Following an executive order last week by Gov. Andrew Cuomo, nearly 5,000 pharmacies across New York are now gearing up to begin testing for COVID-19 on-site.
We are incredibly excited that the Governor did recognize what pharmacists can do in the midst of this crisis, said Steve Moore, president of the Pharmacists Society of the State of New York.
According to Moore, out of the 5000 pharmacies, nearly half are independent. This could boost mom-and-pop pharmacies, a mainstay in Brooklyn neighborhoods, who can begin diagnostic testing.
However, in the short run, testing would begin in chain pharmacies and later open to independent pharmacies.
Among the two stages of testing, the State is currently implementing the diagnostic ‘nasal-swab’ test to identify active infection. According to Moore, the second type of testing, an antibody test using a finger-prick model, would be useful once the State begins to re-opening an in anticipation of a possible second wave of infection..
Diagnostic Testing in pharmacies will operate on appointment-only.
This is to avoid the risk of exposure; If somebody is sick, we dont want them to be walking around looking for a test, Moore concluded.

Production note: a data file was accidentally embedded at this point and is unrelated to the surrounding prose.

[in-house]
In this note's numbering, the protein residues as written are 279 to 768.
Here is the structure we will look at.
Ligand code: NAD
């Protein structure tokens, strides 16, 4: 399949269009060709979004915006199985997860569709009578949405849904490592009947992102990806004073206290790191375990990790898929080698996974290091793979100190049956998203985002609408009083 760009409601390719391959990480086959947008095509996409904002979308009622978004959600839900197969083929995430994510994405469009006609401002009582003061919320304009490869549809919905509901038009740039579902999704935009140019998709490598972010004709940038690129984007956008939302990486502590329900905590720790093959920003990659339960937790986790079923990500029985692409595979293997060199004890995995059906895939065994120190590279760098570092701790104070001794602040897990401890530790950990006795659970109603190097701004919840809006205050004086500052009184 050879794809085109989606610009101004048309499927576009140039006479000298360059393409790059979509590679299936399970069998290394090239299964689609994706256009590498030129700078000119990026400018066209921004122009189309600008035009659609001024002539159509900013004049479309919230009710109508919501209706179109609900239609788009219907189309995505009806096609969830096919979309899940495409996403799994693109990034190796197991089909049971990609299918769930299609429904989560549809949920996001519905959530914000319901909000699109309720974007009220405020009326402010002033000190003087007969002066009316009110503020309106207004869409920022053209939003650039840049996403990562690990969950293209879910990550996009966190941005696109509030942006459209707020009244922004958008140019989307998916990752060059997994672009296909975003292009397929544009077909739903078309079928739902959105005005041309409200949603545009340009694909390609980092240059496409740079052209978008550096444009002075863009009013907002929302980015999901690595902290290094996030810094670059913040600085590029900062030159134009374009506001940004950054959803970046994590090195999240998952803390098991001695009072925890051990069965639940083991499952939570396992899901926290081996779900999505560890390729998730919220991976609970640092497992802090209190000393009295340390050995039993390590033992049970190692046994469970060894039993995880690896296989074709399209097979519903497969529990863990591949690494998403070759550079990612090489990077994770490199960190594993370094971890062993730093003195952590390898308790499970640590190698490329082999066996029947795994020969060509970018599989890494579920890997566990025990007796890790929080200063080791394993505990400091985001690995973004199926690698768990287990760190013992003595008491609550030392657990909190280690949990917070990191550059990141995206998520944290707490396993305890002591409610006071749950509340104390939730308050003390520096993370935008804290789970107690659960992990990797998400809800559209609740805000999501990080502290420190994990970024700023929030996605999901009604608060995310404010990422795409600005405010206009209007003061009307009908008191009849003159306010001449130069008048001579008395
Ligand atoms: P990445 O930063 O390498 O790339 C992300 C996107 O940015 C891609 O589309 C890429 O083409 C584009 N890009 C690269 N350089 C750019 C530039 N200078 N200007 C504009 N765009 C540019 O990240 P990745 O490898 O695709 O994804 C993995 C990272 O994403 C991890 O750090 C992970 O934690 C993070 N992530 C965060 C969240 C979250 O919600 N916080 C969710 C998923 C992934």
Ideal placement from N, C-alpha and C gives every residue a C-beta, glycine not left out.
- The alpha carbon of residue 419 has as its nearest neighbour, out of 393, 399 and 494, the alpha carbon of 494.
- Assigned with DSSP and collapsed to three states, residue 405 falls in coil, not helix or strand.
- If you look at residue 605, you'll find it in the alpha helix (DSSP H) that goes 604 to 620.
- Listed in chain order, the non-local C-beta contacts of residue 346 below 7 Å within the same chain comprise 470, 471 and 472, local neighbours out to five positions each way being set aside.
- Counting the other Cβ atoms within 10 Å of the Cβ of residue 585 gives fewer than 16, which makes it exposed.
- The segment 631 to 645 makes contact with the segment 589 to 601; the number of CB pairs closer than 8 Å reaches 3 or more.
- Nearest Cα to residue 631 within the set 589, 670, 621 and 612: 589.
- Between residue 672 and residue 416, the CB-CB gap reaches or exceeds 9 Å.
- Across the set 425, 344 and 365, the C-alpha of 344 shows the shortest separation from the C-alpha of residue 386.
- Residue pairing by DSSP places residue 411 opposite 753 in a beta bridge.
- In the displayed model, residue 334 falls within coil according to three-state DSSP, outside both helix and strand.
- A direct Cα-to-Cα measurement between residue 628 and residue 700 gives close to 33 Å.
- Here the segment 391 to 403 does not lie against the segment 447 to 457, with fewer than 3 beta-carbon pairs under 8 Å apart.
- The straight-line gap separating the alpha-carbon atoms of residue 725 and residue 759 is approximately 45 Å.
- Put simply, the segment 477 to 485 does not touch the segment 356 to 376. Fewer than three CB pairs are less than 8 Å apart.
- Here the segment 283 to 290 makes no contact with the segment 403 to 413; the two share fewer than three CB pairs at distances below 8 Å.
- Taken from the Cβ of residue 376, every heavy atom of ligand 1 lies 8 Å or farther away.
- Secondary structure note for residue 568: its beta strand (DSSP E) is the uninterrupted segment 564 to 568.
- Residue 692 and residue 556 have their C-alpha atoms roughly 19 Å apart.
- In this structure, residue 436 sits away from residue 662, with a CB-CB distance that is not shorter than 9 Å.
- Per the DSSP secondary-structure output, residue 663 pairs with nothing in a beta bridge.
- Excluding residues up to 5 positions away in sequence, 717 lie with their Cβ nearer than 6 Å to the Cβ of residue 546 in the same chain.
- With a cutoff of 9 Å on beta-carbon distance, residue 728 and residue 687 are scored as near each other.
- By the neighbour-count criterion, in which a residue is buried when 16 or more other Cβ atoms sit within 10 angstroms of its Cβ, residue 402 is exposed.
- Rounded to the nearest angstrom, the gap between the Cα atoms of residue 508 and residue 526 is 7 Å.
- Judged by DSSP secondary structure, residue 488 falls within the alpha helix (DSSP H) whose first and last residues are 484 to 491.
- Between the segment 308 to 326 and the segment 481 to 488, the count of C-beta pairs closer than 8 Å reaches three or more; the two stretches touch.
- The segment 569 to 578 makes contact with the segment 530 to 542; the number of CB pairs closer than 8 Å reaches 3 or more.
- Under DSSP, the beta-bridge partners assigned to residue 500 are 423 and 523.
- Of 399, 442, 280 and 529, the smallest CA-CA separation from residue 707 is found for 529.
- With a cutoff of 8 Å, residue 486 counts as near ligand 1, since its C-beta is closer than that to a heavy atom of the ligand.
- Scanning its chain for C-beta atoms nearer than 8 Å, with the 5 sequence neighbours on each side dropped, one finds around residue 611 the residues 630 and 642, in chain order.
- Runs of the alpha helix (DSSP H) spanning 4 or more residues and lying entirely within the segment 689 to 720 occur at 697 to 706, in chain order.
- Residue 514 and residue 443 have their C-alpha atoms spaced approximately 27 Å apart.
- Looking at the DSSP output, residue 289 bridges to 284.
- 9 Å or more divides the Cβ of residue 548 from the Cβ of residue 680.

The state has a goal to screen up to 40,000 people a day as cases in New York continue to stagnate, the governor said.
There are two types of testing models: the current model whereby the Government provides tests to pharmacies, that will them administer them and ship them off to be analyzed. With the section option, the pharmacy itself takes the test and analyzes.
While pharmacies in other states have already started conducting tests, New York is yet to catch up as pharmacies in the state have limited scope of practice and have been subjected to a turf war. In New York, pharmacists have a very restrictive scope of practice, so we have not able to do this until now, Moore said.
We have been advocating for clear wave point of care testing for a number of years, and we think pharmacists in New York should be able to do this like the rest of the country, he added.
Some of the test manufacturers are not taking on new clients and the best thing that can happen, Moore asserts, is either for the federal or state government to provide pharmacies with the tests they need to administer, adding that the last thing we need at the moment, is pharmacies bidding against one another for a test.
Currently, pharmacies are working with the State to figure out the logistics of how to distribute them.
Moore, who runs Condo Pharmacy in Plattsburgh, said Do I need hundreds of tests in my store when they could be used in another area with a higher need? Probably not.
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